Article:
Whistle-Blower Awards Are Ordinary Income, Tax Court Says

Feb. 25 (Bloomberg) -- A whistle-blower’s $6.8 million in awards must be taxed as ordinary income, a U.S. Tax Court judge ruled, rejecting arguments that the money should be recognized as capital gains and subject to a lower rate.

Craig Patrick, a former reimbursement manager for California medical device-maker Kyphon Inc., helped win the recovery of tens of millions of dollars for the U.S. from an alleged Medicare fraud and his efforts “are to be applauded and were rewarded,” Judge Diane Kroupa wrote in her ruling yesterday. “Rewards, however, are treated as ordinary income” and “subject to tax as such.”

Kroupa upheld the U.S. Internal Revenue Service’s determination that Patrick and his wife, Michele Patrick, with whom he filed joint returns, owed a total of about $812,000 for 2008 and 2009.

The top tax rate for ordinary income in those years was 35 percent, compared with 15 percent for capital gains.

The Patricks’ attorney, Robert Wood, of San Francisco, declined to comment on the ruling.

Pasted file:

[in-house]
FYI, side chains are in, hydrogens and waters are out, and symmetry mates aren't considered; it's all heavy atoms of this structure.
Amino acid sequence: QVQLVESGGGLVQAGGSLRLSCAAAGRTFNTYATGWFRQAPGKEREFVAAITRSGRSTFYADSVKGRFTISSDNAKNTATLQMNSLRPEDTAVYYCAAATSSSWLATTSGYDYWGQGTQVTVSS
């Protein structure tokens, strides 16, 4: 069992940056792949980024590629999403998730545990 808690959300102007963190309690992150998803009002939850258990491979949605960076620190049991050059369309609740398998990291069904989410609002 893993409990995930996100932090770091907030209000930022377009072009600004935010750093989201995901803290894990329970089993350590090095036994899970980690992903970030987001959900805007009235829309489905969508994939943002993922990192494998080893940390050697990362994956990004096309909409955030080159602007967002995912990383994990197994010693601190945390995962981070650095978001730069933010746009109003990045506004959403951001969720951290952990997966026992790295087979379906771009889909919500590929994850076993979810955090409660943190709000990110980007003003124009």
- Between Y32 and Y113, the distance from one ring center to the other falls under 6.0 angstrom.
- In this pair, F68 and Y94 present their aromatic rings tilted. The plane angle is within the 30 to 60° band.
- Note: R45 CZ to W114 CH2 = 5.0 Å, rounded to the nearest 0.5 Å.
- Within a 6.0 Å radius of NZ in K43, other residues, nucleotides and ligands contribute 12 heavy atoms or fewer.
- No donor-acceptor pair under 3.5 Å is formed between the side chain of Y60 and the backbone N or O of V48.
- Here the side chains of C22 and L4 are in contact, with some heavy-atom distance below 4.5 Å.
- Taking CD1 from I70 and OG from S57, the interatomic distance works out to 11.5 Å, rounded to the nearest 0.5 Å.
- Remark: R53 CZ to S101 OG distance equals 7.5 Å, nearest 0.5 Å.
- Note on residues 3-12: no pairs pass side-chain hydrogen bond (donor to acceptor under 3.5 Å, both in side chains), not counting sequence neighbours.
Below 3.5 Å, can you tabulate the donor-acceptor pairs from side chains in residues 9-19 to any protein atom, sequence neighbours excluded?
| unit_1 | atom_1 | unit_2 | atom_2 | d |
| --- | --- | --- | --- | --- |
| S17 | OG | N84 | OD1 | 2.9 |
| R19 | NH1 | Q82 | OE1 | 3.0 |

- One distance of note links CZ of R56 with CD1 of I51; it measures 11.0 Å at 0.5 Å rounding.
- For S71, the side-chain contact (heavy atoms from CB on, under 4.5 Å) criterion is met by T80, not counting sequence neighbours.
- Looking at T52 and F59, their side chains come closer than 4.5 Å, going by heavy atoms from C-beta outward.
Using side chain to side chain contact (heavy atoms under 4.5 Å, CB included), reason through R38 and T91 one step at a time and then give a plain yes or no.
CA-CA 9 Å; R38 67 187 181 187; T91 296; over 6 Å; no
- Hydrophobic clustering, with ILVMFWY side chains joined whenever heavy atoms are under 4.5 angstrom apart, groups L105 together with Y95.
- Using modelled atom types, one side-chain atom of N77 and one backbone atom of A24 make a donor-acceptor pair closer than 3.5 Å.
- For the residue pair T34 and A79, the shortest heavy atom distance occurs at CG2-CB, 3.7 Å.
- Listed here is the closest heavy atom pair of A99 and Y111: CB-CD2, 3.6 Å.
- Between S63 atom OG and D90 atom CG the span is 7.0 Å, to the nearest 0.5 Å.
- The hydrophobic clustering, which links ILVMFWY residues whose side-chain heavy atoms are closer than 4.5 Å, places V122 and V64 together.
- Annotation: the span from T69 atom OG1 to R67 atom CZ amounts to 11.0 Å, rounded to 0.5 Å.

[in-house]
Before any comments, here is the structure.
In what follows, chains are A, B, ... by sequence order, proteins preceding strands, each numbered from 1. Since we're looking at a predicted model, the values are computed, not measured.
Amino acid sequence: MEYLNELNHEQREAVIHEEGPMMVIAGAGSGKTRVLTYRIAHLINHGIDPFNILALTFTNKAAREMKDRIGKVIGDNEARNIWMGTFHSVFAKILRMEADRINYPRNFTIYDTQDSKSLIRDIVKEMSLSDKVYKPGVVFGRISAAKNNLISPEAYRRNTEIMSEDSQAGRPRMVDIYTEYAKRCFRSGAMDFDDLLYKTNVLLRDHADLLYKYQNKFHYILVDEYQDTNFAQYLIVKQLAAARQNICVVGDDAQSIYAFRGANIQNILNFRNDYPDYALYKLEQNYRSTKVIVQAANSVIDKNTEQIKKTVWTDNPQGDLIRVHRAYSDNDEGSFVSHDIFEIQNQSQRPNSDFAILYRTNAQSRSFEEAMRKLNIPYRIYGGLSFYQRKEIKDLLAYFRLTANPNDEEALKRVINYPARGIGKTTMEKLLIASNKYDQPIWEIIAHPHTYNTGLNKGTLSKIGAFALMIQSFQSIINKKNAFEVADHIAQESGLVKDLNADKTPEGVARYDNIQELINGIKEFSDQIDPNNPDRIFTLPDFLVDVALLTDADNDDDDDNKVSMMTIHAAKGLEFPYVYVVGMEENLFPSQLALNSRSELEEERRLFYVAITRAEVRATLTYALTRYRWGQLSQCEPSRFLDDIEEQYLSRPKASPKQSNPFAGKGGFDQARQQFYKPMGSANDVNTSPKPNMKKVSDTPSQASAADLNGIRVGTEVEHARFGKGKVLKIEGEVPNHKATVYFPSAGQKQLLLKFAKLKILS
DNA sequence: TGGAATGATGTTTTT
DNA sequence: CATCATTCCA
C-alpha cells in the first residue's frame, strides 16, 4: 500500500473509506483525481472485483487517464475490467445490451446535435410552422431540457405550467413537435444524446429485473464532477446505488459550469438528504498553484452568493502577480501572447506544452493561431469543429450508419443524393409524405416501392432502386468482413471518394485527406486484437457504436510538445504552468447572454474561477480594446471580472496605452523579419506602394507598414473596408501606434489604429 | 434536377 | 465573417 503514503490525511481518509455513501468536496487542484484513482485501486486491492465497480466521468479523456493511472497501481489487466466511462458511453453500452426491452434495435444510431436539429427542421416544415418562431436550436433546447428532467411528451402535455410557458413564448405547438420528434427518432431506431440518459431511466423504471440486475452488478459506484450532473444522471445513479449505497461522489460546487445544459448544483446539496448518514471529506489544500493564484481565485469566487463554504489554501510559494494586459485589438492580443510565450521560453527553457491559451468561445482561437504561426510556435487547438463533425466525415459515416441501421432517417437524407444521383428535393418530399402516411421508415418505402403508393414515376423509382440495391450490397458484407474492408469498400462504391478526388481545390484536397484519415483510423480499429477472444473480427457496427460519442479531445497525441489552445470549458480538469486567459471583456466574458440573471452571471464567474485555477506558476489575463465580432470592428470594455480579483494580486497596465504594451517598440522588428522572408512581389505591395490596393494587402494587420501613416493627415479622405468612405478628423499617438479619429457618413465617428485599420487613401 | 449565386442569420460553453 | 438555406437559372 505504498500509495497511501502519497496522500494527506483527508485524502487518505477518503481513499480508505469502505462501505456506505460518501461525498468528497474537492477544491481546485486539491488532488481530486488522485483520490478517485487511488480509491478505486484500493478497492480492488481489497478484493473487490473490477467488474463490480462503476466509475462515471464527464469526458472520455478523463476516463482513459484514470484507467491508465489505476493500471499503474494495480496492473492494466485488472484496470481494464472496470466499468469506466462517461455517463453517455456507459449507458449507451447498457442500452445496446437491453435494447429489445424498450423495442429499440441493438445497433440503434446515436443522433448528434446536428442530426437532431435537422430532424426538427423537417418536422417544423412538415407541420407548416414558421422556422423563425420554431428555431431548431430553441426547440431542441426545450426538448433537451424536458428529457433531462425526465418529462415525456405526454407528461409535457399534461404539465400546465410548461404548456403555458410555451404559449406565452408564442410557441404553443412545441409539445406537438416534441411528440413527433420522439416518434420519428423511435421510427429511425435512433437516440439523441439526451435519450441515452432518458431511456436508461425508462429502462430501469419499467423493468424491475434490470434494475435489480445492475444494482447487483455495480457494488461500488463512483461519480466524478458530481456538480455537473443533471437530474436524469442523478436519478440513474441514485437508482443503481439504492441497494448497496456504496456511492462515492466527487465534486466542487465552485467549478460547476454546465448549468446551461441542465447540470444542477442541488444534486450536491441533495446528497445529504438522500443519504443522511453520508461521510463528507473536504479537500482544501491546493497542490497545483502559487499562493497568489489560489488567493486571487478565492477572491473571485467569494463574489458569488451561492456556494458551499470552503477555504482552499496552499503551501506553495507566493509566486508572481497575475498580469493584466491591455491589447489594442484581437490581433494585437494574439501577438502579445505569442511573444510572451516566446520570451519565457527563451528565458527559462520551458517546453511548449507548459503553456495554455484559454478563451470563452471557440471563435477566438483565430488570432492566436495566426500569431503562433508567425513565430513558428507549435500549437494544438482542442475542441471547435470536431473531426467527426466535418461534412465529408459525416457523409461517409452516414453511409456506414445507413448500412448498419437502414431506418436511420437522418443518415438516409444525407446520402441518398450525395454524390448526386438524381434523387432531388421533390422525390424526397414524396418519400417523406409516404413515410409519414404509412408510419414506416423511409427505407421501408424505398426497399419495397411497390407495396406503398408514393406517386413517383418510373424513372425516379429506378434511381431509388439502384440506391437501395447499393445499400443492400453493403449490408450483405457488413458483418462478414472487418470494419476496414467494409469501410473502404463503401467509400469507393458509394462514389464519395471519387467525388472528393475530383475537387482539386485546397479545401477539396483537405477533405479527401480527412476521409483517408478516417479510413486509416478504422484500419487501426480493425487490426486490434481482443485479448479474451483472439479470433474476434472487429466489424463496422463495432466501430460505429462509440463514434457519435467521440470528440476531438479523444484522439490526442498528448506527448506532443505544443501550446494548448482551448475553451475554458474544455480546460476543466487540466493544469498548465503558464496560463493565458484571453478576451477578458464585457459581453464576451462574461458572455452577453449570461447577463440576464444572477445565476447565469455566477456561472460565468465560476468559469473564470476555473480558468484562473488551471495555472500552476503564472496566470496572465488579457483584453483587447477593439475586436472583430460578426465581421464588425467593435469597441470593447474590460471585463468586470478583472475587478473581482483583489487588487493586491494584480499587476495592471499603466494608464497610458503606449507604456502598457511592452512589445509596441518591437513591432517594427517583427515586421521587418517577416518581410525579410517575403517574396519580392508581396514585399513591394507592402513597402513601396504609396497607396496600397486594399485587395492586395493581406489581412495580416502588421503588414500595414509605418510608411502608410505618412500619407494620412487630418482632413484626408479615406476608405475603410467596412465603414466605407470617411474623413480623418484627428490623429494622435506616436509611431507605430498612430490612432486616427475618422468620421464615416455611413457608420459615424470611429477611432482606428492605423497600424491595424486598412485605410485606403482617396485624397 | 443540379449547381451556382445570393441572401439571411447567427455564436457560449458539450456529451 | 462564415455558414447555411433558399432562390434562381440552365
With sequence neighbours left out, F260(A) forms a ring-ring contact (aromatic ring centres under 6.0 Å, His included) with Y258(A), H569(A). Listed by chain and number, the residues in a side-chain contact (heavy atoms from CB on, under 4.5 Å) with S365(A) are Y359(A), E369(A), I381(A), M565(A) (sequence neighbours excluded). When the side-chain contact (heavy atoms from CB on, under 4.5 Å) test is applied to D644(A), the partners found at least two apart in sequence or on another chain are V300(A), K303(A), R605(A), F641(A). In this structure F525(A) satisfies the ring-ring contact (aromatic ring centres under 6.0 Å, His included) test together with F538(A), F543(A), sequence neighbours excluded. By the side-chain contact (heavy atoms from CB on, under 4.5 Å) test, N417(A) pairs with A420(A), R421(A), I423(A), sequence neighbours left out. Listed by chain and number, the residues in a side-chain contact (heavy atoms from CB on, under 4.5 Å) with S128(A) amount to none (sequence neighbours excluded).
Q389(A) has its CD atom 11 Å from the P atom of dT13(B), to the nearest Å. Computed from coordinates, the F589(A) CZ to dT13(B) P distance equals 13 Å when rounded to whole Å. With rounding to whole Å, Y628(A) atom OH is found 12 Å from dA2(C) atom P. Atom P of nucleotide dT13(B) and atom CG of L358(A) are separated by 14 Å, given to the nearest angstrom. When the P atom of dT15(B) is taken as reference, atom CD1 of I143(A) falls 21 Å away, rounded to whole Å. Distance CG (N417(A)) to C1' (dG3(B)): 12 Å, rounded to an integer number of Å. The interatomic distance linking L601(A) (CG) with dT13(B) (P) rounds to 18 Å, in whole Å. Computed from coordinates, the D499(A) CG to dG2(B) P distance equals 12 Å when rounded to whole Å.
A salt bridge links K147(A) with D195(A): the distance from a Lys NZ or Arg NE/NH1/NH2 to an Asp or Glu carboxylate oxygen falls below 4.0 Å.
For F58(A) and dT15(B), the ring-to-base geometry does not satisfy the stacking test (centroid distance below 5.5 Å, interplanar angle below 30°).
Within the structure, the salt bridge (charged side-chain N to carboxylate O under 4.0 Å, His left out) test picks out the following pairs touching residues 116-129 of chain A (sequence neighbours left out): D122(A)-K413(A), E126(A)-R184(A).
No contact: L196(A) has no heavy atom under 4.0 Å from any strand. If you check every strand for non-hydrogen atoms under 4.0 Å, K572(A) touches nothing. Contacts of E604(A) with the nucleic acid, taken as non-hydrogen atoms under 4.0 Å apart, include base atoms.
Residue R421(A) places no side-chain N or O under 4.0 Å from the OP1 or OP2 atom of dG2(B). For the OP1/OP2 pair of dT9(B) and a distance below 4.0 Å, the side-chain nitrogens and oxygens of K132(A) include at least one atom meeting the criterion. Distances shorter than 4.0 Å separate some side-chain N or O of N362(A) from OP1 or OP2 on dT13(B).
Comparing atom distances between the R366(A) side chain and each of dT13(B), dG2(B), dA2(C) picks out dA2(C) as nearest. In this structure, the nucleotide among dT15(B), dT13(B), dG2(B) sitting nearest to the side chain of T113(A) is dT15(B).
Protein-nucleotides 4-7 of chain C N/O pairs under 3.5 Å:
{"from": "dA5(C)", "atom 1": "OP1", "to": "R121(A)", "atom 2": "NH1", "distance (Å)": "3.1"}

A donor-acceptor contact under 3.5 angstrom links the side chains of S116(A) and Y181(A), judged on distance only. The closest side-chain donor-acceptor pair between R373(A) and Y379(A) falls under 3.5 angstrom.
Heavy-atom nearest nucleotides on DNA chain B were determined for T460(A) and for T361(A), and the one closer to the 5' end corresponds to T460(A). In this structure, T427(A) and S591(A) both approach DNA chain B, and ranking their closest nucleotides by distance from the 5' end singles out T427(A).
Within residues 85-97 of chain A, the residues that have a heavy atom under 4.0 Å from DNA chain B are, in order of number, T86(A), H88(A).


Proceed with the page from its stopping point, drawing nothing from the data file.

The couple argued that Craig Patrick, who blew the whistle on allegedly fraudulent marketing, sold information to the government in exchange for a share in any recovery in the case.

Trade Secret

The transaction was akin to the sale of a trade secret, according to a summary of the Patricks’ argument in Kroupa’s opinion.

Kroupa ruled that under the False Claims Act, the government doesn’t purchase information. Instead “it permits the person to advance a claim on behalf of the government. The award is a reward for doing so. No contractual right exists.”

Kroupa also rebuffed the Patricks’ argument that the information and documents Craig Patrick gave the government were his property and thus capital assets.

Craig Patrick claimed in his whistle-blower suit, which the government joined, that Sunnyvale, California-based Kyphon engaged in a years-long scheme to inflate Medicare bills by persuading hospitals to bill for a spinal procedure at inpatient rates rather than for less costly outpatient treatment.

The alleged fraud involved kyphoplasty, a treatment for compression fractures in which spinal gaps were filled with bone cement.

Medtronic Inc. which acquired Kyphon in 2007, agreed to pay $75 million to settle the case in May 2008.

The case is Patrick v. IRS, 16387-12, U.S. Tax Court (Washington).

To contact the reporter on this story: Andrew Zajac in Washington at azajac@bloomberg.net